• by Anonymous Coward on Sunday October 22, 2006 @12:12PM (#16537124)
    But how is it an insult? It's pointing out a very real fact: Windows poorly handles malicious software. It may not be a fact that Microsoft or Windows fanatics are proud of, but nevertheless, it's still a fact.

    Suppose for the moment that you have a 2" erection. If a woman tells you, "piquadratCH, you have a small cock," then it is not an insult. The fact is that you do have a small penis, and her letting you know that is not an insult, even if it makes you feel terrible.

    Now, suppose that you have a 18" raging boner. If that same woman tells you again that you have a small cock, it's an insult. Why is it an insult? Because it completely contradicts the truth, which is that you do have a massive penis.

    I hope you can see the difference between insults and the truth. Had Windows been a system known for its extreme security, and Apple made the same comment, it would have been an insult. But considering how poor Windows security has been for two decades now, it's not an insult, and merely the truth.

  • by BillX ( 307153 ) on Sunday October 22, 2006 @12:17PM (#16537162) Homepage
    I remember picking up "The Giant Black Book of Computer Viruses" from the library in the early 90s; all of those listed pre-dated Windows. Apple is crying, "What? There are viruses?" as if this is some sort of recent development. What exactly am I missing?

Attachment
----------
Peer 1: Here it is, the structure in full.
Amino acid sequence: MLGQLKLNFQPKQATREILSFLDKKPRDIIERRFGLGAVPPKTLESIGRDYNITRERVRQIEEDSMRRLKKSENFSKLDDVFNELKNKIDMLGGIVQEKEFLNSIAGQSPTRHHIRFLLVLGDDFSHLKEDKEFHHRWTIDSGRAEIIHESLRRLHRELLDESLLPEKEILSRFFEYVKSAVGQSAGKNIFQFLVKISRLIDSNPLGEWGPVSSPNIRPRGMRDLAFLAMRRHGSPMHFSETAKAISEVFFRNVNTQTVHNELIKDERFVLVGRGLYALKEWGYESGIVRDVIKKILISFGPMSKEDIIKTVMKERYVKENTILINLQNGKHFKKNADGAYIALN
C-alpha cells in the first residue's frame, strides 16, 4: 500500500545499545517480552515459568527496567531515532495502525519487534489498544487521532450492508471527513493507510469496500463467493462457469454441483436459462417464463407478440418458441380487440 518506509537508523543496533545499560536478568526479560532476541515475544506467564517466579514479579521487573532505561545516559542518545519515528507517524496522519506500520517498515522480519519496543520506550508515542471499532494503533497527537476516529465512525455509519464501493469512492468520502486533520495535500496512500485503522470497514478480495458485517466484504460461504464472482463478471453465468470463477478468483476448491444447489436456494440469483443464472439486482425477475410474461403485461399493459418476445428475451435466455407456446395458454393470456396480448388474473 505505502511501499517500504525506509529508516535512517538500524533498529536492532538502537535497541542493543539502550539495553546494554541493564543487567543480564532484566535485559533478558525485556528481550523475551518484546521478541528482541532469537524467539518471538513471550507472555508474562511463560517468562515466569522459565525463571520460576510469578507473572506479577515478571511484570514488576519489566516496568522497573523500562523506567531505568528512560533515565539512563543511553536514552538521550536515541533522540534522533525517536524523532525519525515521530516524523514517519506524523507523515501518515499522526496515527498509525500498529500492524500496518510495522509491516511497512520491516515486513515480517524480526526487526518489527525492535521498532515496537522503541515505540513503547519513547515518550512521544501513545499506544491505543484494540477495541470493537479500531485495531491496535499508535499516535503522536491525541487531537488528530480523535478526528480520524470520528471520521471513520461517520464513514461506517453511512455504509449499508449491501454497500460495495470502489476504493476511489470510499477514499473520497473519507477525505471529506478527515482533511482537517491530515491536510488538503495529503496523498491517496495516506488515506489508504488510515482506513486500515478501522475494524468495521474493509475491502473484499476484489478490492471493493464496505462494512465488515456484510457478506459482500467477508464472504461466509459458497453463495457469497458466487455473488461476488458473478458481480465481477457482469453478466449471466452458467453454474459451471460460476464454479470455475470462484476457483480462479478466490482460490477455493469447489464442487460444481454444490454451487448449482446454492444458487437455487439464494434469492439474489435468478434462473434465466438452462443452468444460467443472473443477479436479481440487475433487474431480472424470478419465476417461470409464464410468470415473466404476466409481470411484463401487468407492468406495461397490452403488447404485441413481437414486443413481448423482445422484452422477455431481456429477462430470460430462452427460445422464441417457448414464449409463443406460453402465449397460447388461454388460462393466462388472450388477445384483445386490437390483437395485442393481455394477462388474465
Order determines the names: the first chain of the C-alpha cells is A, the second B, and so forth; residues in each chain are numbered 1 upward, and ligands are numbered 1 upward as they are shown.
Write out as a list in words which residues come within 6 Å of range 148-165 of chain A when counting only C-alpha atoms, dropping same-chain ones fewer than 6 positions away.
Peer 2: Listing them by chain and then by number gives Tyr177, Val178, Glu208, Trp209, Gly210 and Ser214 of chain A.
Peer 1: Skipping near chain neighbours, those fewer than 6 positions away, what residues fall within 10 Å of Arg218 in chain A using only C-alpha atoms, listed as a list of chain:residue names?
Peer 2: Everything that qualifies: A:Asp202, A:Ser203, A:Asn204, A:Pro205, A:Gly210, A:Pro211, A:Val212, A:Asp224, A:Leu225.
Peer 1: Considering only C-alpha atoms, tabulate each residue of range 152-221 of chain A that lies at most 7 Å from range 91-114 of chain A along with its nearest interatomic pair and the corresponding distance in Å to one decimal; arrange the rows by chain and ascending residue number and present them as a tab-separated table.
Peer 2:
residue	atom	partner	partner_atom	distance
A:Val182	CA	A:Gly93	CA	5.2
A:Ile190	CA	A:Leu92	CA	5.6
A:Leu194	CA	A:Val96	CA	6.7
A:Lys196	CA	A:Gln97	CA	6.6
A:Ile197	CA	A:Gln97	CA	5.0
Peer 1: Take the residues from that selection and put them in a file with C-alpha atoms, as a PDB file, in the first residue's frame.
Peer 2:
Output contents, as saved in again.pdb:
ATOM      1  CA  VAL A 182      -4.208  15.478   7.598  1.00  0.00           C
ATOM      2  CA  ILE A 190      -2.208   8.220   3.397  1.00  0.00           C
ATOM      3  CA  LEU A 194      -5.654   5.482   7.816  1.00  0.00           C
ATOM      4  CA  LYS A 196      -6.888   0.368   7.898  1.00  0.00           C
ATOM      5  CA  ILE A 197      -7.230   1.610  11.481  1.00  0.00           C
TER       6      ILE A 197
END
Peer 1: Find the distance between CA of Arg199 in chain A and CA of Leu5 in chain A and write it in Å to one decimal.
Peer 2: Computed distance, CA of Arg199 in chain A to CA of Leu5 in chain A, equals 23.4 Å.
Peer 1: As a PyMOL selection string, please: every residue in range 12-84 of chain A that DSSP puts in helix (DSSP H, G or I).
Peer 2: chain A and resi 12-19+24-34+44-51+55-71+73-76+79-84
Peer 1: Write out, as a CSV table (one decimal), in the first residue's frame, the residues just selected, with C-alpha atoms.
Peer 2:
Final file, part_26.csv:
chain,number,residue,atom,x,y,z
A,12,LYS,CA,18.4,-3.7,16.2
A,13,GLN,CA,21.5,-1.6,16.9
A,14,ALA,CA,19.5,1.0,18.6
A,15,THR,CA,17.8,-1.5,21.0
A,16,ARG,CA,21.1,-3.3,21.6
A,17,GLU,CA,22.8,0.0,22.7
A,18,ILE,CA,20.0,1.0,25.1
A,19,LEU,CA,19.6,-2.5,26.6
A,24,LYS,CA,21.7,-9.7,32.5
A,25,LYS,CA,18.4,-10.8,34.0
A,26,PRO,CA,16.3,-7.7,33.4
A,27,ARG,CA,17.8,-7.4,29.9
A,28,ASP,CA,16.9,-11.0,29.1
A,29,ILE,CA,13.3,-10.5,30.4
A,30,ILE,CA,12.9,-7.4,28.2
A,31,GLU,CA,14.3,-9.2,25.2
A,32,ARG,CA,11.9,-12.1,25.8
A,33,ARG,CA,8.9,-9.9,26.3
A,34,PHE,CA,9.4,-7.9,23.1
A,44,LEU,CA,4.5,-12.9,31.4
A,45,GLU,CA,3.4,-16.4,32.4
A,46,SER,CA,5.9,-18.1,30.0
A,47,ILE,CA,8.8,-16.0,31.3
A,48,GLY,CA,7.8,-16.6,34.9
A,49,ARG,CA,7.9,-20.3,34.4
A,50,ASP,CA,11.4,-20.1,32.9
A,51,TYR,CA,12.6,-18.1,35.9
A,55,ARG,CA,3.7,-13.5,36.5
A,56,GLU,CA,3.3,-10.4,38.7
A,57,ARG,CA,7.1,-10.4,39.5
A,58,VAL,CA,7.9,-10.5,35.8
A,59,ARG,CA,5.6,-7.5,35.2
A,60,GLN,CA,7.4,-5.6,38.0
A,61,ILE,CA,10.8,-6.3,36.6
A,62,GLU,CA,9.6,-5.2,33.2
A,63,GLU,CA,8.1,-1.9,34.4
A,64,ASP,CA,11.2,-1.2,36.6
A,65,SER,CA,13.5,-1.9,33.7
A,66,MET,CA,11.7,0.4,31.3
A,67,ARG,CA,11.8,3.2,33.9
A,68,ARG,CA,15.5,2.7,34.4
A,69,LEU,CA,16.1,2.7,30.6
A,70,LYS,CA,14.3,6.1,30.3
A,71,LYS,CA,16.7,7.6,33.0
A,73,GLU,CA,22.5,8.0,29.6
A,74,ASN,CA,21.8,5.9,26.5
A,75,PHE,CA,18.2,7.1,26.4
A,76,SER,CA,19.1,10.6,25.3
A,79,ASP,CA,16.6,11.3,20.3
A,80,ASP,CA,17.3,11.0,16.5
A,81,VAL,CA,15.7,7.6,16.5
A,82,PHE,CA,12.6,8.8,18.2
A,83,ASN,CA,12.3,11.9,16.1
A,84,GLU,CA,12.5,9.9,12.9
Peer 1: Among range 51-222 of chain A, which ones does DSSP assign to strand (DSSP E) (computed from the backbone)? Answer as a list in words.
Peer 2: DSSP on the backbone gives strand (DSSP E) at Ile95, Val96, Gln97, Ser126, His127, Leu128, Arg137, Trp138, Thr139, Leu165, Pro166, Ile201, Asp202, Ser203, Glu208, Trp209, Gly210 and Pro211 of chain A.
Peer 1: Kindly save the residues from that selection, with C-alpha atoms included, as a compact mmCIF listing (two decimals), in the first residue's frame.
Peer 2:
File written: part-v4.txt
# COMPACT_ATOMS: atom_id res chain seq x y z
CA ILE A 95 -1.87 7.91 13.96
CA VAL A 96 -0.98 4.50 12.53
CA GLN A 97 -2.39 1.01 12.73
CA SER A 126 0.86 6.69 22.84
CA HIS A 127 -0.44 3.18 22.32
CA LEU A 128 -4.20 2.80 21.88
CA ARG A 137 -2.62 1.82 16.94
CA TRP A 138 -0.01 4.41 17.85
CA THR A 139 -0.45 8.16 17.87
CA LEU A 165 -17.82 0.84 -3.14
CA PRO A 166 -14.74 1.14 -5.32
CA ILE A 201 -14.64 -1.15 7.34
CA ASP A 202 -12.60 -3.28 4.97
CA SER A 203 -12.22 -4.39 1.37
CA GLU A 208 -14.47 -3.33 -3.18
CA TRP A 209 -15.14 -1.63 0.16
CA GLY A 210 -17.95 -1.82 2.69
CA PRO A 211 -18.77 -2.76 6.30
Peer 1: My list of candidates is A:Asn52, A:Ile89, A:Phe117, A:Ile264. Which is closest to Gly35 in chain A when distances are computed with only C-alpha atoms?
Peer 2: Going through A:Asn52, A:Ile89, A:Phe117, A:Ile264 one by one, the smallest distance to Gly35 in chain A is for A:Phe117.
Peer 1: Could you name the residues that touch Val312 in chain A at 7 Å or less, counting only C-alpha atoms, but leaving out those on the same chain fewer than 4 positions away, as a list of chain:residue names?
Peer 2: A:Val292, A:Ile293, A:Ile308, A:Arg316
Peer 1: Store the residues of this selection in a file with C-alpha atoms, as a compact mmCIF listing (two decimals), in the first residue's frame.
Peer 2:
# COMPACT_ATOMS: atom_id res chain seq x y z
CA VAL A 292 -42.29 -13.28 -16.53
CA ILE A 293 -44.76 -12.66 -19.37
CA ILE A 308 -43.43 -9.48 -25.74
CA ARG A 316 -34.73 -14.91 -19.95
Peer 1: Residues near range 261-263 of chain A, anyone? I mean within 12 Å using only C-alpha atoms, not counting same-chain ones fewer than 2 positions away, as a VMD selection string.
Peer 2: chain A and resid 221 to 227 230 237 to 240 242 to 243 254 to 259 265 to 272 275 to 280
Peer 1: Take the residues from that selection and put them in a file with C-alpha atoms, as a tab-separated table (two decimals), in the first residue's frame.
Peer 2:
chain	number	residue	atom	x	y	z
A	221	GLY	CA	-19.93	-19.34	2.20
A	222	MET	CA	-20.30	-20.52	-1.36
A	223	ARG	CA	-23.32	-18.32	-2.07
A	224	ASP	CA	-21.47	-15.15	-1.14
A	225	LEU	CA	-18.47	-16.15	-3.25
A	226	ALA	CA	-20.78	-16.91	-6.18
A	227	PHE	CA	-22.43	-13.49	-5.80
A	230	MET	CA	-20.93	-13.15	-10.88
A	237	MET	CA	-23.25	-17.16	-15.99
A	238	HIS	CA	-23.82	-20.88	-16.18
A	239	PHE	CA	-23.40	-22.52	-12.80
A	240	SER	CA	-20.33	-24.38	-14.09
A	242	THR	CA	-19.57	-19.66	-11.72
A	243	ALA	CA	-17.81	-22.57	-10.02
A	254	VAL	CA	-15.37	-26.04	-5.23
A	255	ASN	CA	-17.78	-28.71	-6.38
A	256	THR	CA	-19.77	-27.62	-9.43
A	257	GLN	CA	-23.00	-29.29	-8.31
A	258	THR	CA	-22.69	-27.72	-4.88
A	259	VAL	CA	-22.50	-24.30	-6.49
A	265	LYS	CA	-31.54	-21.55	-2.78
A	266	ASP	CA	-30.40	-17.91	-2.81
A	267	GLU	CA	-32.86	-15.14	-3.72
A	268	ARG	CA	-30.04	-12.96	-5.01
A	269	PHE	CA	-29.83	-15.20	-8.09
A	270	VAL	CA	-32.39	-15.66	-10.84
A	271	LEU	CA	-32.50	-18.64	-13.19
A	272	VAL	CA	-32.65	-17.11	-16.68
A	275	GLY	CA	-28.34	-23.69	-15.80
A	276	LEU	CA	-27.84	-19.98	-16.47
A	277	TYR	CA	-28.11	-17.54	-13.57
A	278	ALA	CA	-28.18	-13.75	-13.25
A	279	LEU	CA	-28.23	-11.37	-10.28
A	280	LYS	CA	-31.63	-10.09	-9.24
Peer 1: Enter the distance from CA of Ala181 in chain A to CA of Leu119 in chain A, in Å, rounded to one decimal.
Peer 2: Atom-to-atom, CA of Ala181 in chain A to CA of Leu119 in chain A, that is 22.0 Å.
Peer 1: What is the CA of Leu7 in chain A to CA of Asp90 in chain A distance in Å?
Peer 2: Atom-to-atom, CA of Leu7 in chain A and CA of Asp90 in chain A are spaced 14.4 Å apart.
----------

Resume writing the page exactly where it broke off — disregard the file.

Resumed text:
• by goombah99 ( 560566 ) on Sunday October 22, 2006 @12:27PM (#16537232)
    I've read that the underlying problem was more subtle, which might explain some of Apple's expressed frustration with MS. I can't confirm this but it may have been that the infected PC got the infection from a blank, formatted, drive from the drive manufacturer. Even if that is not true in this case, there is nothing stopping it from being true.
    It's a pretty subtle bug that, until now of course, I know would have bitten me since I would not have looked for it. I, and the technicians who do jobs for me, often replace burned hard drives in my clusters and computers with units straight out of the box. In some cases we have pre-formatted hot-swap spares still in the shrink wrap sitting on the shelf waiting to go in.

    On my macs and linux machines, I sometimes use external USB drives to share with Windows PCs. I don't usually reformat these specifically because I don't entirely trust that the macintosh disk formatting program will create a prisitine PC FAT format. In all likelihood it can, I just don't have the ability to know. And I have reason to doubt: past experience has shown that when one OS provider emulates another's native formats (e.g. Samba or UFS or HFS++ or ZFS or NFS) that the emulation is usually less than complete or has artifacts.

    It would be a major hassle and expense, to have to reformat every drive in a rack of clusters one is upgrading. But apparently that is now the requirement to be sure the manufacturer did not ship you a virus on the "blank" harddrive.

    The problem is perhaps more diabolical than it seems. Imagine some Apple engineer putting out some specs for the process standards the Chinese manufacturer must follow. He's paranoid they won't have good practices with keeping their windows boxes clean. He also wants to assure the peripheral performance is comaptible with the ipod loading software and to assure the integrity of the data transfers to the ipod. So he decides that the sure way to do this is to make absolutely certain the box has never been on the internet, and to spec every part, so the machine has to be built at the chinese factory from scratch. They then load in the special Apple approved Windows software CD with apples programs and data. Seems foolproof. But it's not.